No GOP Coronavirus Relief Bill Yet

GOP COVID-19 relief effort has stalled. Senate Republicans dropped President Trump’s formerly must-have—a payroll tax cut—from their bill. But GOP lawmakers and the White House cannot agree on what they do want. They appear to agree on a new round of stimulus checks, more Paycheck Protection Program loans, employer tax credits to encourage worker retention, and support for safety protections. They also are looking to continue CARES Act expanded unemployment benefits but at something closer to $200 per week than the current $600. With those added jobless benefits due to expire in a week, some GOP leaders want to break up the bill into smaller pieces—an idea House Speaker Nancy Pelosi calls a non-starter.

Meanwhile, weekly job loss claims climbed to 1.4 million. The first increase since March will keep the pressure on Congress to act quickly. After hints in May and June that the pandemic-driven slowdown was moderating, the economy may be worsening as cases of COVID-19 continue to climb. Expanded jobless benefits enacted under the CARES Act expire on July 31.

Ways & Means Republicans offer their own tax agenda. Nobody listens when you are in the House minority, but Ways & Means Republicans released their own “pro-growth” economic agenda. It mostly includes tax breaks for research and domestic manufacturing and investment. It could be a framework for a 2021 initiative in the unlikely event the GOP wins control of the House in November.

Save the Date: Urban Institute Data Talk on how property tax changes shape communities. The online event on Thursday August 6 considers two case studies. One is the effect of gentrification and associated relief efforts in Philadelphia. The second is an effort in California to tax commercial and industrial properties based on fair market value, an attempt to avoid the Proposition 13 caps on residential properties. Speakers will be Lei Ding of the Federal Reserve Bank of Philadelphia the Urban Institute’s Sarah Strochak.  Register here.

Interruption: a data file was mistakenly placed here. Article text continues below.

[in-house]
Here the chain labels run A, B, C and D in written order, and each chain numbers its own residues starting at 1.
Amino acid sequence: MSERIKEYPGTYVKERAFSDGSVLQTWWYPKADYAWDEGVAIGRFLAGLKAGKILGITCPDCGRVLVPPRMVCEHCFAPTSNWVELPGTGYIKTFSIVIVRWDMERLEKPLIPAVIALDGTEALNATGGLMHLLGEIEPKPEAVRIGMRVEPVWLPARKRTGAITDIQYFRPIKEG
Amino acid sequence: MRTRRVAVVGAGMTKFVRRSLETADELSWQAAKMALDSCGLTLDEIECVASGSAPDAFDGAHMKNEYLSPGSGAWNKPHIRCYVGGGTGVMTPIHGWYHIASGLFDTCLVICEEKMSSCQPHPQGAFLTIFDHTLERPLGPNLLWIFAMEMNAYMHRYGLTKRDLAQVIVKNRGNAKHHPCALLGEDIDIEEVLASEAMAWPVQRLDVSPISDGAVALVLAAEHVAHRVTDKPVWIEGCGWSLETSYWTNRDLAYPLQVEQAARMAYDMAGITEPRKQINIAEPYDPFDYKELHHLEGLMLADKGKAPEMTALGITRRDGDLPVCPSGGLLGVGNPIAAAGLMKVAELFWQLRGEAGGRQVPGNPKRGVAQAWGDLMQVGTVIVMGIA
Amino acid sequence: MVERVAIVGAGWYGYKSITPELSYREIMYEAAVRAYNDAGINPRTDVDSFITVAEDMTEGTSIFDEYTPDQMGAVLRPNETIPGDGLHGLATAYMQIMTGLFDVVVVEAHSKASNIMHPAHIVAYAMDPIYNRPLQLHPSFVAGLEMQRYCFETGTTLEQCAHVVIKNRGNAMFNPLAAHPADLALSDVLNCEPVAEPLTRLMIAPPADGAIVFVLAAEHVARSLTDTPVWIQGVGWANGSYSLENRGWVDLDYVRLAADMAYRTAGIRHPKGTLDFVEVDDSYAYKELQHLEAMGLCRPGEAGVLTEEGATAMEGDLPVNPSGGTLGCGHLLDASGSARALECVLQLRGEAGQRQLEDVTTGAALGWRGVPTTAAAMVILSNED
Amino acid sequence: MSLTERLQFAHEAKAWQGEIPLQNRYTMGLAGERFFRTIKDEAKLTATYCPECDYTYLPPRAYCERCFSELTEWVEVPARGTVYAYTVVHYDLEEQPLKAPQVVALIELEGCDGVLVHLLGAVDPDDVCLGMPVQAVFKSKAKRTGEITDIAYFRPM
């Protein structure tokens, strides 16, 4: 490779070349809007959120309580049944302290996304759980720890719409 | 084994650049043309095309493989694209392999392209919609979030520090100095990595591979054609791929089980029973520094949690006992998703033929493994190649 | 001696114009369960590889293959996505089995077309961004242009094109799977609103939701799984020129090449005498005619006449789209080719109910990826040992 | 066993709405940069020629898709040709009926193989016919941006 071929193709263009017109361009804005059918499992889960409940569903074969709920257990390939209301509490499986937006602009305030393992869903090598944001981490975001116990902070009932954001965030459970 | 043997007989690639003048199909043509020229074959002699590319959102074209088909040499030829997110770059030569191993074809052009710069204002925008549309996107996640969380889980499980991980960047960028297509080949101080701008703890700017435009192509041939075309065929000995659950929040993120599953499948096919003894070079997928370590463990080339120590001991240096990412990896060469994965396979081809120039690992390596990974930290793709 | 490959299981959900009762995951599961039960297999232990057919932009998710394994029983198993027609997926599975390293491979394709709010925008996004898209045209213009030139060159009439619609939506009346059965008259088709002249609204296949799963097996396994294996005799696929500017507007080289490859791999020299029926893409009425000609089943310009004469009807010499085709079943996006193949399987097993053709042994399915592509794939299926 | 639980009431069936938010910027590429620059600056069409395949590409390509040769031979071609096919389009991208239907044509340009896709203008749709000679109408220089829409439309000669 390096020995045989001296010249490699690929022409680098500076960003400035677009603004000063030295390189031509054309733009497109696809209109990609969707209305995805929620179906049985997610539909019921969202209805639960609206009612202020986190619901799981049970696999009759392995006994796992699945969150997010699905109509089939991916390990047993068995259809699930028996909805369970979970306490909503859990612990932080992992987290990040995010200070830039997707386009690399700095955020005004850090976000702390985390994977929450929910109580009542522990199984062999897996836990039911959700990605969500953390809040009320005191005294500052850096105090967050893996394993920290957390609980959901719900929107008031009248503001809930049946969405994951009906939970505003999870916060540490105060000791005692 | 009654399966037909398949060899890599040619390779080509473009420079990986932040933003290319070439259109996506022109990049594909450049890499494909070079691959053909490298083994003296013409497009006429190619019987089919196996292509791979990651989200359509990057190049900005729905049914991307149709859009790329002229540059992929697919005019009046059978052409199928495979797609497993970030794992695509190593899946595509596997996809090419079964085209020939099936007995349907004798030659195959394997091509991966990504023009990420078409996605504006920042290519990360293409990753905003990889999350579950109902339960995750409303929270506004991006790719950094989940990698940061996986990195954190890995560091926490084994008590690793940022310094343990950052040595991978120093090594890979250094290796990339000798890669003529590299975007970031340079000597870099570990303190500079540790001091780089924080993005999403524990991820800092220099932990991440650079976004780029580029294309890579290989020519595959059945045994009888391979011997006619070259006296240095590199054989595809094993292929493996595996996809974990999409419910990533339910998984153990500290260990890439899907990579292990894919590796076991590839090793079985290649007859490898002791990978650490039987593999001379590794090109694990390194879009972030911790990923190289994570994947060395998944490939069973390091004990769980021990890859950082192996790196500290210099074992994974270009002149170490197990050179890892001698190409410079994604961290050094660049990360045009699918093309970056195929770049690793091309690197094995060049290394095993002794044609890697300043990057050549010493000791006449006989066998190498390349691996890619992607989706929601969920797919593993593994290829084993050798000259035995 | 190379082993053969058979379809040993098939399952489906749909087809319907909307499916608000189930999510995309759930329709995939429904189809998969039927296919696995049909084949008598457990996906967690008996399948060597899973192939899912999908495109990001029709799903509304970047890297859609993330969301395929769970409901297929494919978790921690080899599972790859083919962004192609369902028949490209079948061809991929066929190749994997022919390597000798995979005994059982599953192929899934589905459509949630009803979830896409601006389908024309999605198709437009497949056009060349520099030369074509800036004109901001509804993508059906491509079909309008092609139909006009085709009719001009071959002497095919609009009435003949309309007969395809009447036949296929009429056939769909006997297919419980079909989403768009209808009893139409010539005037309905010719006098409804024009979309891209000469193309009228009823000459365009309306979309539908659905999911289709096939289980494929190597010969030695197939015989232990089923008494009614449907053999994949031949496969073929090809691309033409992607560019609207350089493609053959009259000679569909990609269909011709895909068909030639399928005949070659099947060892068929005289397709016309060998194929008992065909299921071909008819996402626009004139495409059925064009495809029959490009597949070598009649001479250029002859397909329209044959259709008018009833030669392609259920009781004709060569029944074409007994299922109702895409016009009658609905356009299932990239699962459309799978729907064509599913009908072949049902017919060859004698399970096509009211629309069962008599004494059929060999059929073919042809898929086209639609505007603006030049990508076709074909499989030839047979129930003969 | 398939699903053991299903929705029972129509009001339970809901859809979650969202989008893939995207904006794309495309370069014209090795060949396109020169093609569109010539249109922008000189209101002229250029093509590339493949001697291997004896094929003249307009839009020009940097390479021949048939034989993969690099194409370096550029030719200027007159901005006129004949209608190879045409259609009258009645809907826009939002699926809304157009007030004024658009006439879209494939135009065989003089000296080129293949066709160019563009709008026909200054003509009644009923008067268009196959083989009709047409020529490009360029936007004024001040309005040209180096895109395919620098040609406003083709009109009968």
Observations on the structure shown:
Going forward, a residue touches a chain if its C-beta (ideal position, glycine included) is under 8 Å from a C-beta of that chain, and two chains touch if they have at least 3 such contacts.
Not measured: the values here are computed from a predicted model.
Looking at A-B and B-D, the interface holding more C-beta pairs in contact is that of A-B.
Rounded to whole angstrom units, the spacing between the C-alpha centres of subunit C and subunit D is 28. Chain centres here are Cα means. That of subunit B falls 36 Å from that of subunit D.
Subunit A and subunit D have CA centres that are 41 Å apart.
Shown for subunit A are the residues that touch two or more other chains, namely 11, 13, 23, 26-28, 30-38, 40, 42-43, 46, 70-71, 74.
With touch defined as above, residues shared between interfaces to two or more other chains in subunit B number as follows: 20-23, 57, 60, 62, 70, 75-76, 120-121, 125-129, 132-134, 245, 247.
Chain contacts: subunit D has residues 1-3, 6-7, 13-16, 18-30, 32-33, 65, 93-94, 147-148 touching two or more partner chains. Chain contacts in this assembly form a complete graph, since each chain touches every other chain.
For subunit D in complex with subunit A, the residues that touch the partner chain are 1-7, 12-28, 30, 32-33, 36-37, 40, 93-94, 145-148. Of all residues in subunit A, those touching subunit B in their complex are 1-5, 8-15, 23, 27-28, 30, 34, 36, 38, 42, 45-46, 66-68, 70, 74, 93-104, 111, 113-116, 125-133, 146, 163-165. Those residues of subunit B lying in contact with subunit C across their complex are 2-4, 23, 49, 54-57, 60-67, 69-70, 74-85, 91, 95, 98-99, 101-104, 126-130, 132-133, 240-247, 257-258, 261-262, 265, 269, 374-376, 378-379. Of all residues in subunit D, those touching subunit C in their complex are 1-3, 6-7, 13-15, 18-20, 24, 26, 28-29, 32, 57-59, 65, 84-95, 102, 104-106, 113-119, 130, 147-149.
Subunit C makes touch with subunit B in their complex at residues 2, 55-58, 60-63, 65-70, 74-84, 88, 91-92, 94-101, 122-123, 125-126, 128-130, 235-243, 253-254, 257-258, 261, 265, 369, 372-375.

The Kingdom of Saudi Arabia may consider an income tax. With its economy shrinking by 6.8 percent, the Saudi government has already tripled its value-added tax, increased import fees, and canceled some benefits for government workers. The kingdom has traditionally been income tax-free for individuals since oil revenue supports numerous subsidies and benefits. But the slump in oil prices means even an income tax is on the table.

Adding tax fraud to a murder charge. Minnesota has charged the fired Minneapolis police officer who killed George Floyd with felony tax crimes for failing to report more than $460,000 in income going back to 2014. Derek Chauvin and his wife Kellie underreported income and in some years didn’t file tax returns at all.

Catch up with Lisa Cook on The Prescription. If you missed it yesterday, you can watch the Michigan State economist talk about racial equity and the COVID-19 economy here.

For the latest tax news, subscribe to the Tax Policy Center’s Daily Deduction. Sign up here to have it delivered to your inbox weekdays at 8:00 am (Mondays only when Congress is in recess). We welcome tips on new research or other news. Email Renu Zaretsky at [email protected].